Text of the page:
Based on this information, family planning clinicians and researchers shared the benefits of increasing access to LARC methods with women who came to the clinics and hospitals where they worked, instructed trainees on the benefits of their use, and researched methods to remove barriers to LARC methods. Based on the accumulating evidence that demonstrates the benefits of LARC, I worked hard to increase the supply of devices in my community, where family planning Medicaid expansion is not a reality, so that my uninsured patients and those with financial challenges could obtain LARC methods.
      Then advocates sounded resistance to the focus on LARC methods as a cure-all with particular warnings about promoting LARCs over patient-centered care. They cited concerns of autonomy and possible reproductive coercion by providers who over zealously encourage IUDs and implants, which cannot be removed easily without a medical provider.
      • Gubrium A.C.
      • Mann E.S.
      • Borrero S.
      • et al.
      Realizing reproductive health equity needs more than long-acting reversible contraception (LARC).
      • Higgins J.A.
      Celebration meets caution: LARC’s boons, potential busts, and the benefits of a reproductive justice approach.
      This insight highlights the need to discuss all available contraceptive methods during adequate counseling.
      The Hubacher et al
      • Hubacher D.
      • Spector H.
      • Monteith C.
      • Chen P.L.
      • Hart C.
      Long-acting reversible contraceptive acceptability and unintended pregnancy among women presenting for short-acting methods: a randomized patient preference trial.
      and Karpilow and Thomas
      • Karpilow Q.C.
      • Thomas A.T.
      Reassessing the importance of long-acting contraception.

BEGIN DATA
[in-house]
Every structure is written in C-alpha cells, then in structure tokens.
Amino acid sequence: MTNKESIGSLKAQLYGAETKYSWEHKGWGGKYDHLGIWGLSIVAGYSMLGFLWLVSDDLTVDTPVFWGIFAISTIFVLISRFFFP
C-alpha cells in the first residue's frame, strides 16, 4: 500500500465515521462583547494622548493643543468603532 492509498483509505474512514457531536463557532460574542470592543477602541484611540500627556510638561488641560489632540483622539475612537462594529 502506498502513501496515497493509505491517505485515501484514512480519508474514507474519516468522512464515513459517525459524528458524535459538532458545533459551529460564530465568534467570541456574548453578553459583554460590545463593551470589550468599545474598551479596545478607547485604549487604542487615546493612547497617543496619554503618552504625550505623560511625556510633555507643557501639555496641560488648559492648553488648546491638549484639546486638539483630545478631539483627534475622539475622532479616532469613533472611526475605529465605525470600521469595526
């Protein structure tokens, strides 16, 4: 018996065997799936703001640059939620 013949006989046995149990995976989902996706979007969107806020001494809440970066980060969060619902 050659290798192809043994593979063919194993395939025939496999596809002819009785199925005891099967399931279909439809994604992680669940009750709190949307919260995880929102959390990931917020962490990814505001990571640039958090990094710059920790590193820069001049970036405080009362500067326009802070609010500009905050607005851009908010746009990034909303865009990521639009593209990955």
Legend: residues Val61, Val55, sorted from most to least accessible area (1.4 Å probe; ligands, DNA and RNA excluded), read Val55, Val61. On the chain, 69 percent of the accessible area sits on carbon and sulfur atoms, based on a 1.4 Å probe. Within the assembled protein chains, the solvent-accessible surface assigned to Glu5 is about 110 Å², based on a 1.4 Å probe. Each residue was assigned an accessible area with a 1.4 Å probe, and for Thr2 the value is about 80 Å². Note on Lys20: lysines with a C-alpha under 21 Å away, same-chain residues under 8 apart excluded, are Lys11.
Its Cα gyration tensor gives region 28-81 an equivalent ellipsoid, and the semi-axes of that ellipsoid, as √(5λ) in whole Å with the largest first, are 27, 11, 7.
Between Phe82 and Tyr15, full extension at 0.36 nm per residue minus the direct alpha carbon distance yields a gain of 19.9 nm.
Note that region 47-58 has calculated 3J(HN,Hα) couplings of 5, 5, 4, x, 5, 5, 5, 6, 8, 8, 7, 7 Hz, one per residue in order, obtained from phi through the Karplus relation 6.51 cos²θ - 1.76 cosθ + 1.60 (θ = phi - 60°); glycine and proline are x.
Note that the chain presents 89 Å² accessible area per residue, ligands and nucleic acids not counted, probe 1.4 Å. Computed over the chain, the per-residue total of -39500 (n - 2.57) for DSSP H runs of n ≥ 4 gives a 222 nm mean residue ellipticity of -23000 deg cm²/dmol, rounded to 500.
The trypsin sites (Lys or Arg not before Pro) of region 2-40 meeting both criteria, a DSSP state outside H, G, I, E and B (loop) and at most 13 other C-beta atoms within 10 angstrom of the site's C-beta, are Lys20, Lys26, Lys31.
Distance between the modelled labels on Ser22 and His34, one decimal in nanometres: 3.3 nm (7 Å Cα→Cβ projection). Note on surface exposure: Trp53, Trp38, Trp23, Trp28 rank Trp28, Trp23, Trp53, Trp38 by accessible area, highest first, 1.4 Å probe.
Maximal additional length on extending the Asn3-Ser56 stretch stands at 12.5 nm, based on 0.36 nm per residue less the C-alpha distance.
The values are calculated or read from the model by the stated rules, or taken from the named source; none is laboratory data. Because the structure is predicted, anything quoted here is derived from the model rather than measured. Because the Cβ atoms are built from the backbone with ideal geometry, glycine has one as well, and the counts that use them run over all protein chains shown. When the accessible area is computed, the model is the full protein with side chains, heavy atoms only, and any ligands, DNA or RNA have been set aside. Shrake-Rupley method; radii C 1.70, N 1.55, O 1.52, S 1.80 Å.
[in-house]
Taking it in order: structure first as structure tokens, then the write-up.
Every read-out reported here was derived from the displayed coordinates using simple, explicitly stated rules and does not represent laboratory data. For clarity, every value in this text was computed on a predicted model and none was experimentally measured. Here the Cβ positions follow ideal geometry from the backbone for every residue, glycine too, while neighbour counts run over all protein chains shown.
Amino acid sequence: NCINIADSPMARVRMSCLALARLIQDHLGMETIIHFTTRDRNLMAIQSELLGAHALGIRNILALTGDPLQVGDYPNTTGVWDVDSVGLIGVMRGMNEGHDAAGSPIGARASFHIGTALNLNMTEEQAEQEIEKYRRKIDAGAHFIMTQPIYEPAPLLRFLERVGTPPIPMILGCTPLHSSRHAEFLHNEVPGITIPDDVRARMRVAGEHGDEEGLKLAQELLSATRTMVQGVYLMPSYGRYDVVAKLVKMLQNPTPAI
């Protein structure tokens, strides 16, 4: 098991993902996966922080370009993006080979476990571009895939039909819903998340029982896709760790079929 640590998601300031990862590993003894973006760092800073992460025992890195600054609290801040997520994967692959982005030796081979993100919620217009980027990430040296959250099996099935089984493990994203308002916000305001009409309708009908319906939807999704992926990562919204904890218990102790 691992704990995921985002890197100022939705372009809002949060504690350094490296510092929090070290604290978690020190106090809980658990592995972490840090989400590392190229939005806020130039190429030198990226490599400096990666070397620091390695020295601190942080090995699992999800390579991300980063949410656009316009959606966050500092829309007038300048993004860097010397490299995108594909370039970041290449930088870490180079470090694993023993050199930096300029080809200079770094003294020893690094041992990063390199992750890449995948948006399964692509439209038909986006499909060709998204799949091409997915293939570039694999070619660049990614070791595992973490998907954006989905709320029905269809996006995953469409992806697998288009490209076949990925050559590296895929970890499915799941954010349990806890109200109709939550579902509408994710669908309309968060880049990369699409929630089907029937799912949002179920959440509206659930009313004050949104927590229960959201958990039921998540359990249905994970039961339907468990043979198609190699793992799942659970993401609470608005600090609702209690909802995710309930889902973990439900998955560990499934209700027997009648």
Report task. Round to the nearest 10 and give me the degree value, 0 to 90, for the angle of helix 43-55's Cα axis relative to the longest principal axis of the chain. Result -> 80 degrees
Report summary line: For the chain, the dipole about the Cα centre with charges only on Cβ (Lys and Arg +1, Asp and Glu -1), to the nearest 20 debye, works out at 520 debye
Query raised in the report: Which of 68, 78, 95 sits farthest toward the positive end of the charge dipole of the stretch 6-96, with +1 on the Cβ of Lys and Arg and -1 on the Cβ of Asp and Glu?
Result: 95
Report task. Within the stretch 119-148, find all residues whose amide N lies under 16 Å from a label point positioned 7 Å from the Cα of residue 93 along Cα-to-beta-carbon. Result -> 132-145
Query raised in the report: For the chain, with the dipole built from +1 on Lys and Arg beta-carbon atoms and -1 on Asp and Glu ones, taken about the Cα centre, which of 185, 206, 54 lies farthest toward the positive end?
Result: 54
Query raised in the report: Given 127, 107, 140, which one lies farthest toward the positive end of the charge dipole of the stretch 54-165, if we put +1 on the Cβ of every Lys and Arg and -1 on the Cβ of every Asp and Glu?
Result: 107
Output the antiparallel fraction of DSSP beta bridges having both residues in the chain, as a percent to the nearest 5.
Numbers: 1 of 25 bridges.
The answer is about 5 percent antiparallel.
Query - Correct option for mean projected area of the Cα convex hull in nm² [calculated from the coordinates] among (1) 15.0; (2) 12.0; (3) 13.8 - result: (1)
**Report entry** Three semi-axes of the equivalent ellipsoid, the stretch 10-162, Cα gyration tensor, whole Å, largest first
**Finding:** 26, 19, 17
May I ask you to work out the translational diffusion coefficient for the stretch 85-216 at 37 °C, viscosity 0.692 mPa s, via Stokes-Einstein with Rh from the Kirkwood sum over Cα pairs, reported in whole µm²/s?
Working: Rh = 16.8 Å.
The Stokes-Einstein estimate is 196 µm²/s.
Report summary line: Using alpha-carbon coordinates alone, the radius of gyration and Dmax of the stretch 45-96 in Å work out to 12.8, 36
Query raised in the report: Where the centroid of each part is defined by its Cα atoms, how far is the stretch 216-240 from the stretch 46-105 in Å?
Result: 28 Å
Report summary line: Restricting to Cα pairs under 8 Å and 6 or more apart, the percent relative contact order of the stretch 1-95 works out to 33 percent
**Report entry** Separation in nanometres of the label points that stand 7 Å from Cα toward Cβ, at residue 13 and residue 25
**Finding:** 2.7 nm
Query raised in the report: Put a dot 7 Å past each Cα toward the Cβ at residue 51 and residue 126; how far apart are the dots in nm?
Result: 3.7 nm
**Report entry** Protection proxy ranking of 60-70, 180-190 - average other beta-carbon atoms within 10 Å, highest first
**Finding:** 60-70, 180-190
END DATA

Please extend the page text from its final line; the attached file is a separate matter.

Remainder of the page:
articles boldly address the “LARC is superior” hypothesis in different and interesting ways. Hubacher et al sought to find out whether a group of women at a family planning clinic who intended to start a new short-acting method (oral contraceptive pills or depo-medroxyprogesterone acetate) would consider a long-acting method (an IUD or implant) and whether they were assigned a LARC method or chose one, how their pregnancy, continuation, and satisfaction rates would compare with those who were assigned to short-acting methods (pills or injection). Essentially, they wanted to find out whether it is just that the methods are more effective or whether there is something about women who choose the more effective methods that contribute to their lower pregnancy risk over time.
      The research team came up with an ingenious method to get at this question. They recruited women who were seeking oral contraceptives or depo medroxyprogesterone acetate and randomly assigned those who were willing to be assigned to no-cost short-acting or long-acting methods. Women who were assigned to the short-acting methods group could then pick between oral contraceptives or depo medroxyprogesterone acetate. Those women who were assigned to the long-acting methods group could choose the subdermal implant, levonorgestrel IUD, or a copper IUD. The research team informed participants that they would not be charged if they wanted a device removed at any time during the year of follow up but that anyone who changed methods was responsible for the cost of the new method. Women who were willing to participate but not willing to be assigned randomly could enter a patient preference arm in which they were responsible for the cost of the contraception through private insurance, Medicaid, Title X coverage, or out-of-pocket contributions. When I first heard about this study, I doubted that it would ever be completed. My bias was that women are clear in their desire for contraceptive methods and would not agree to random assignment. Others expressed concern regarding the ethics of randomizing poor women to different methods of contraception when they may not have the ability to obtain more effective methods unless they agreed to study participation. I believed that there was a difference between the women who choose LARC methods and doubted that women would agree to randomization of such different treatments. It might be this difference, rather than LARC itself, that is responsible for the higher effectiveness. This was exactly the hypothesis that the study team sought to assess, and I am glad they did.